Q: Let’s go back in time a little bit – you’re 15 years old and you’ve taken up boxing. In fact you’ve said at that time, your two loves were boxing and hockey. Then at 18, you make the decision to go play with the Oshawa Generals. How did you decide which path to take?
A: Well, it came down to time…I played all sports – I was really good at Lacrosse. I played junior Lacrosse in Canada and that was easy because you could do that in the summers. But boxing, it’s really serious. You go in there well-trained and you can get hurt bad. If you’re kind of doing it half (the time) it’s a tough business. It’s the same thing with hockey, you’ve got to be fully committed. And I grew up in Canada right? (laughing). I liked to box too, but obviously in Southern Ontario, hockey is number one, right?

Q: Growing up, were there any particular role models for you in hockey?

A: I always enjoyed watching Rick Tockett and Cam Neeley…they played a good game. I always tried to play like that…I liked their physical style and their skill…

Q: You put up some pretty good numbers when you with Oshawa and in various pro seasons. At some point the physical side of your game overtook and you were eventually labeled an enforcer. How do you feel about that role?

A: I scored some goals too, while in the minors. I think the most I had was 16, when I was in the AHL. I’d score 14, 12, somewhere around that number but I mean, it’s part of the game. Guys are playing hard; it’s intense, and it happens. I have always enjoyed it, you know what I mean? I’ve always been somewhat of an honest player. I don’t always try and fight guys that don’t want to fight. If you’re going to do stupid things, you’re going to be held accountable. It kind of polices itself sometimes. It’s good. If you take that out of the game, sometimes guys get stuck doing cheap, dirty plays…so you out that element in there and guys are a little more aware of what they do if they’re going to be held accountable. The alternative is taking a beating or at least having to fight.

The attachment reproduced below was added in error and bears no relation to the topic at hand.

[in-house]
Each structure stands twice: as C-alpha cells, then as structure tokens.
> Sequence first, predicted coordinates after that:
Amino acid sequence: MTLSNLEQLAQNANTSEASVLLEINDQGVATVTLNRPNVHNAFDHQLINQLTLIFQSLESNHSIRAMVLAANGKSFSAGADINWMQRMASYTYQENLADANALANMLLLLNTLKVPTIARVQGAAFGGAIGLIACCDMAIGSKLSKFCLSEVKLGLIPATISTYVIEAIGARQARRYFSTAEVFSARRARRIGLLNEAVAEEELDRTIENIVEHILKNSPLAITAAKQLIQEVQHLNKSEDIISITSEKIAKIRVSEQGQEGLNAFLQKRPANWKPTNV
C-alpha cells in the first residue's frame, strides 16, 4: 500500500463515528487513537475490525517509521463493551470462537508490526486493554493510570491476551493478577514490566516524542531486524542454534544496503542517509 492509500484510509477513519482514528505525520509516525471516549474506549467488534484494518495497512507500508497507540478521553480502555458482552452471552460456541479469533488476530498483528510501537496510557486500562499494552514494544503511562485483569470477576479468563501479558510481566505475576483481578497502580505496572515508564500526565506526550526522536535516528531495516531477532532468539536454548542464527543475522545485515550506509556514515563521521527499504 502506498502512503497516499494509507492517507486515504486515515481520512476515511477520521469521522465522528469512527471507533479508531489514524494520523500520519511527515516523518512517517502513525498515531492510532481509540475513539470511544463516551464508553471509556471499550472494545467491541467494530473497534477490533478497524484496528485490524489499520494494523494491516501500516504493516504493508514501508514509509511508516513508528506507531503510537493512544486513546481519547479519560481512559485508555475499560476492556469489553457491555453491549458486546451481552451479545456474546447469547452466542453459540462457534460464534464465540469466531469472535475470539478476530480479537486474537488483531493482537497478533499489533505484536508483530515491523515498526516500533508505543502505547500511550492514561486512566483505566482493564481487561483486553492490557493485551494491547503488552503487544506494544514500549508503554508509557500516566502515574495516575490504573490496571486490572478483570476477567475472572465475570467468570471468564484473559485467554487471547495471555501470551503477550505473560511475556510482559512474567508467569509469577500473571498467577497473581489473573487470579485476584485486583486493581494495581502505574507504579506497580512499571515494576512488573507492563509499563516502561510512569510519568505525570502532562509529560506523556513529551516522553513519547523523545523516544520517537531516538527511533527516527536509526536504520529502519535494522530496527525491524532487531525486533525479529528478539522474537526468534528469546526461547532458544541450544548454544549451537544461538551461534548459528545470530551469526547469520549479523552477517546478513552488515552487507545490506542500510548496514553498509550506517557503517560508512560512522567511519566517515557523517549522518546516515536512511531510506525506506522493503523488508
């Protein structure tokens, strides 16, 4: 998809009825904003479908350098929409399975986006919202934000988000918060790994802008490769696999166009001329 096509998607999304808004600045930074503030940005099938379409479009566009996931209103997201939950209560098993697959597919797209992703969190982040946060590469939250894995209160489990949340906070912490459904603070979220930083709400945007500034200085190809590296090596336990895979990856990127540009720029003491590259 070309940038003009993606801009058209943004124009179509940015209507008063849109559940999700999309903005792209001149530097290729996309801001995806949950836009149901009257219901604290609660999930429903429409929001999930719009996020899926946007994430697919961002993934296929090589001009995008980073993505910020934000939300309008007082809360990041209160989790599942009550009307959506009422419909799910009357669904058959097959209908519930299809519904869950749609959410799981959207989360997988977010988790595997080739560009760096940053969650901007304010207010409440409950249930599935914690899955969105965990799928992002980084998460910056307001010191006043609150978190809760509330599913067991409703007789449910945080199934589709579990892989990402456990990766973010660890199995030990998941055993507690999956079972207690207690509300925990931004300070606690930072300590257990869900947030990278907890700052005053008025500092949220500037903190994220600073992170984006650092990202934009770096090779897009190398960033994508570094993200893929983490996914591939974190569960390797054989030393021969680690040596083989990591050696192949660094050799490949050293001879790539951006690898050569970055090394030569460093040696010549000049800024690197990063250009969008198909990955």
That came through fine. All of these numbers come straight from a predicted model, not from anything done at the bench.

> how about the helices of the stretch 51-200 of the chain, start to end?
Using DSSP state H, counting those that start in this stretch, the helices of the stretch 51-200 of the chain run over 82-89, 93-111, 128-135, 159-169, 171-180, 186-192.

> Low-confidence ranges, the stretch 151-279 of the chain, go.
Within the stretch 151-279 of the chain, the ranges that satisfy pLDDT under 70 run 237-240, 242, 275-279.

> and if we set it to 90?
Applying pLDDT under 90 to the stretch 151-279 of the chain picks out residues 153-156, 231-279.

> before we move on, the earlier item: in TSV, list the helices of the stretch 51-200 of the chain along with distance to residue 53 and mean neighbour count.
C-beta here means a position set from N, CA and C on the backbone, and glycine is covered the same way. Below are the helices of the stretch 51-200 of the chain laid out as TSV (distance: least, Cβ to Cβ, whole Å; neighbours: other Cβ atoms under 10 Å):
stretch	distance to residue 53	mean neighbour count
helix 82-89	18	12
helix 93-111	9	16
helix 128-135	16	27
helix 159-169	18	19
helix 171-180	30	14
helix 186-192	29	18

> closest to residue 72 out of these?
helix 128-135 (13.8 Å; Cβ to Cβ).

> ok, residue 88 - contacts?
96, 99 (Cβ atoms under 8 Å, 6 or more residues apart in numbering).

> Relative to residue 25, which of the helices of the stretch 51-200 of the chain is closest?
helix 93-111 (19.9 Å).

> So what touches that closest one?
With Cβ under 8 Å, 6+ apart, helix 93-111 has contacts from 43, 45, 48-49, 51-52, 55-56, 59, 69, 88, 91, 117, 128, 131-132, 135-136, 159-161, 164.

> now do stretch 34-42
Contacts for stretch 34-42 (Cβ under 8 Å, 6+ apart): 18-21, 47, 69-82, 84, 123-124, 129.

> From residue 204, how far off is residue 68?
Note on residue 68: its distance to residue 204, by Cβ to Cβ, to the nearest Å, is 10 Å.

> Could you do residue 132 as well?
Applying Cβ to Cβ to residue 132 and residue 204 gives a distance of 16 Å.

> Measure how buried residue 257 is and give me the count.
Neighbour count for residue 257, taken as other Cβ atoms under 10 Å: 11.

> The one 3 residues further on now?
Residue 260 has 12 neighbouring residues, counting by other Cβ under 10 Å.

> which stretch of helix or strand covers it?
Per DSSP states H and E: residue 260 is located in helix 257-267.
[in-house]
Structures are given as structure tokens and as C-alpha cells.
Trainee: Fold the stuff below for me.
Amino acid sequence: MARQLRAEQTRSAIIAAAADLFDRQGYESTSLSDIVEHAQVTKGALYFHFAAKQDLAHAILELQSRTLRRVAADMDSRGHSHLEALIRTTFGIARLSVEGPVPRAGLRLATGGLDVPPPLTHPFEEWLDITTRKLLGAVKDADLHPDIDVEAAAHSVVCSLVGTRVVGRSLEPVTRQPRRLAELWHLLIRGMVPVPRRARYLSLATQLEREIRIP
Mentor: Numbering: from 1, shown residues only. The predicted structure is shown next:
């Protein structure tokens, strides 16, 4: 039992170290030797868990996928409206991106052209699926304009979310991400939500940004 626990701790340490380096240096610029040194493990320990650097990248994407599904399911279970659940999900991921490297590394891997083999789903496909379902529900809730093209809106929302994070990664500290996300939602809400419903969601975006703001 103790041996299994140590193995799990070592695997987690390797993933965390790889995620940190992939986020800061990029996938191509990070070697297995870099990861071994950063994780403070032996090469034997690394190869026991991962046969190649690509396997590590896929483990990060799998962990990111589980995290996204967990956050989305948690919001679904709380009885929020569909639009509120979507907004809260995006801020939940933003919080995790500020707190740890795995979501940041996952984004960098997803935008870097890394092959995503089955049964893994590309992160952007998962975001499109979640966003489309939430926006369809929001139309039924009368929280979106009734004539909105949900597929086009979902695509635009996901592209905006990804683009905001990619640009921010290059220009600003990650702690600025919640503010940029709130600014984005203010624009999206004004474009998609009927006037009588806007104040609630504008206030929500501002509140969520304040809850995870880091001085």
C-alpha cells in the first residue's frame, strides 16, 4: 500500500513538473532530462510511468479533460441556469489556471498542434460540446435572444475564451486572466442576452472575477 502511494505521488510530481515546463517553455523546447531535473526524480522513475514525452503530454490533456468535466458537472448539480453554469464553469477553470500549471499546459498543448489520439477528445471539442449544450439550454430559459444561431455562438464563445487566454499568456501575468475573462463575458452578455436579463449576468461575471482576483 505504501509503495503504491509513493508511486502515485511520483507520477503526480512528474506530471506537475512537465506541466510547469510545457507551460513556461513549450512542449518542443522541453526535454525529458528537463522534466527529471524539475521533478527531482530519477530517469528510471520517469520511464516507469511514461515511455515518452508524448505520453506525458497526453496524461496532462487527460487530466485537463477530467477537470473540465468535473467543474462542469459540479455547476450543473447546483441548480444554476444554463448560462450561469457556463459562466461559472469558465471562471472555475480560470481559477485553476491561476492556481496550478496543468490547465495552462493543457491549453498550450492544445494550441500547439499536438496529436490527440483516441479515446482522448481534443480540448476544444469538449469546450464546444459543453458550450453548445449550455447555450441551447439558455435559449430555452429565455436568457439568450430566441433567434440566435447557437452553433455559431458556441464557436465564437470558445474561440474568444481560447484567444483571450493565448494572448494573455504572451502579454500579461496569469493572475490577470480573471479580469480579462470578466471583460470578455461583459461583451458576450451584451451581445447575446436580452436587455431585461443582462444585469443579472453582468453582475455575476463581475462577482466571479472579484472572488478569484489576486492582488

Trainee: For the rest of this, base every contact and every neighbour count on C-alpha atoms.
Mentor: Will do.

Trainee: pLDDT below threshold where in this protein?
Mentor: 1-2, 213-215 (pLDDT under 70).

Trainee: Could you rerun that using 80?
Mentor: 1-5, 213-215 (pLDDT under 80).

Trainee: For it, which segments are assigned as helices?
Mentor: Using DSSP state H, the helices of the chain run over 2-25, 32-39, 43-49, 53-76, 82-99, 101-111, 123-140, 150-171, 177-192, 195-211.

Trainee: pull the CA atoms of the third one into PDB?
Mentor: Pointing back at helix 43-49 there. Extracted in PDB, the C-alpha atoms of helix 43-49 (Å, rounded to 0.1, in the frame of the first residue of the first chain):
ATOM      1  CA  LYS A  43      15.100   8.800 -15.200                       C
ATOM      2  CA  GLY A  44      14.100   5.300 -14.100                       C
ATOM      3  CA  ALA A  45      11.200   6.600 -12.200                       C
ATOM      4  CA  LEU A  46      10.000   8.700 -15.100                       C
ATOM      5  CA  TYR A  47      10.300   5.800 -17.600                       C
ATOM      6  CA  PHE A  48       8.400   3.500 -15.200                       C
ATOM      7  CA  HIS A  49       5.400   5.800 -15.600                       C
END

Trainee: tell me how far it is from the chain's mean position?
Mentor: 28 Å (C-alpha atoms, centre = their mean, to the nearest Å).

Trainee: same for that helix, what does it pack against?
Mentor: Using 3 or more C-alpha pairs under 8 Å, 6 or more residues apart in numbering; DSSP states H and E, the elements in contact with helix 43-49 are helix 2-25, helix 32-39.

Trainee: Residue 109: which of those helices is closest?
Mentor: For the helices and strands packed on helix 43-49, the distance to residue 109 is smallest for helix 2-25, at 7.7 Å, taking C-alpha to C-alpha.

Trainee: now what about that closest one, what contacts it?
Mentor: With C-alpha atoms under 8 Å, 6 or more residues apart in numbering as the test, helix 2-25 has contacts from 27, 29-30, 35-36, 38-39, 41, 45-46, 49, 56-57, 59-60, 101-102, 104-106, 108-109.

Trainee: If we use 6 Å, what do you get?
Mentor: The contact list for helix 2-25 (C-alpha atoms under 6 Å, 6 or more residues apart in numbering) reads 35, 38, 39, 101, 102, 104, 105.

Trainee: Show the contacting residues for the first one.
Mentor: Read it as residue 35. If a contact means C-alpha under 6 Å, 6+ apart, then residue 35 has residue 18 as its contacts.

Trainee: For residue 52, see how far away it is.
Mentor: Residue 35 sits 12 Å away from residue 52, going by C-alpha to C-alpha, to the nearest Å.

Q: Do you think you can use some of your background in boxing and hockey fights to pass on some of the boys who may be interested in learning how to better defend themselves and each other on the ice?

A: Oh, I’m always willing to help out a teammate anytime, they just have to ask. Fighting on ice – a lot of it’s experience. You work on core strength, balance and that kind of stuff, which really helps. There’s little tricks you can learn, but really, you develop a style after you fight so much. You get more comfortable, the more you do it.

Q: So you’re coming in nearly halfway through the season. What do you think you’ll be able to do for the team?

A: Just work hard every night…hopefully get my skill level back quickly. I haven’t played in a while, so, I mean, I haven’t played a lot of hockey in the last two years.,,you have three lines and you’re going to get ice time, so I’m going work hard to get back to where I was when I was younger (laughing); maybe get back to those OHL days and put up some big numbers (laughing), who knows? I just want to do whatever I can to help the team win.

Photo Credits: Robert Keith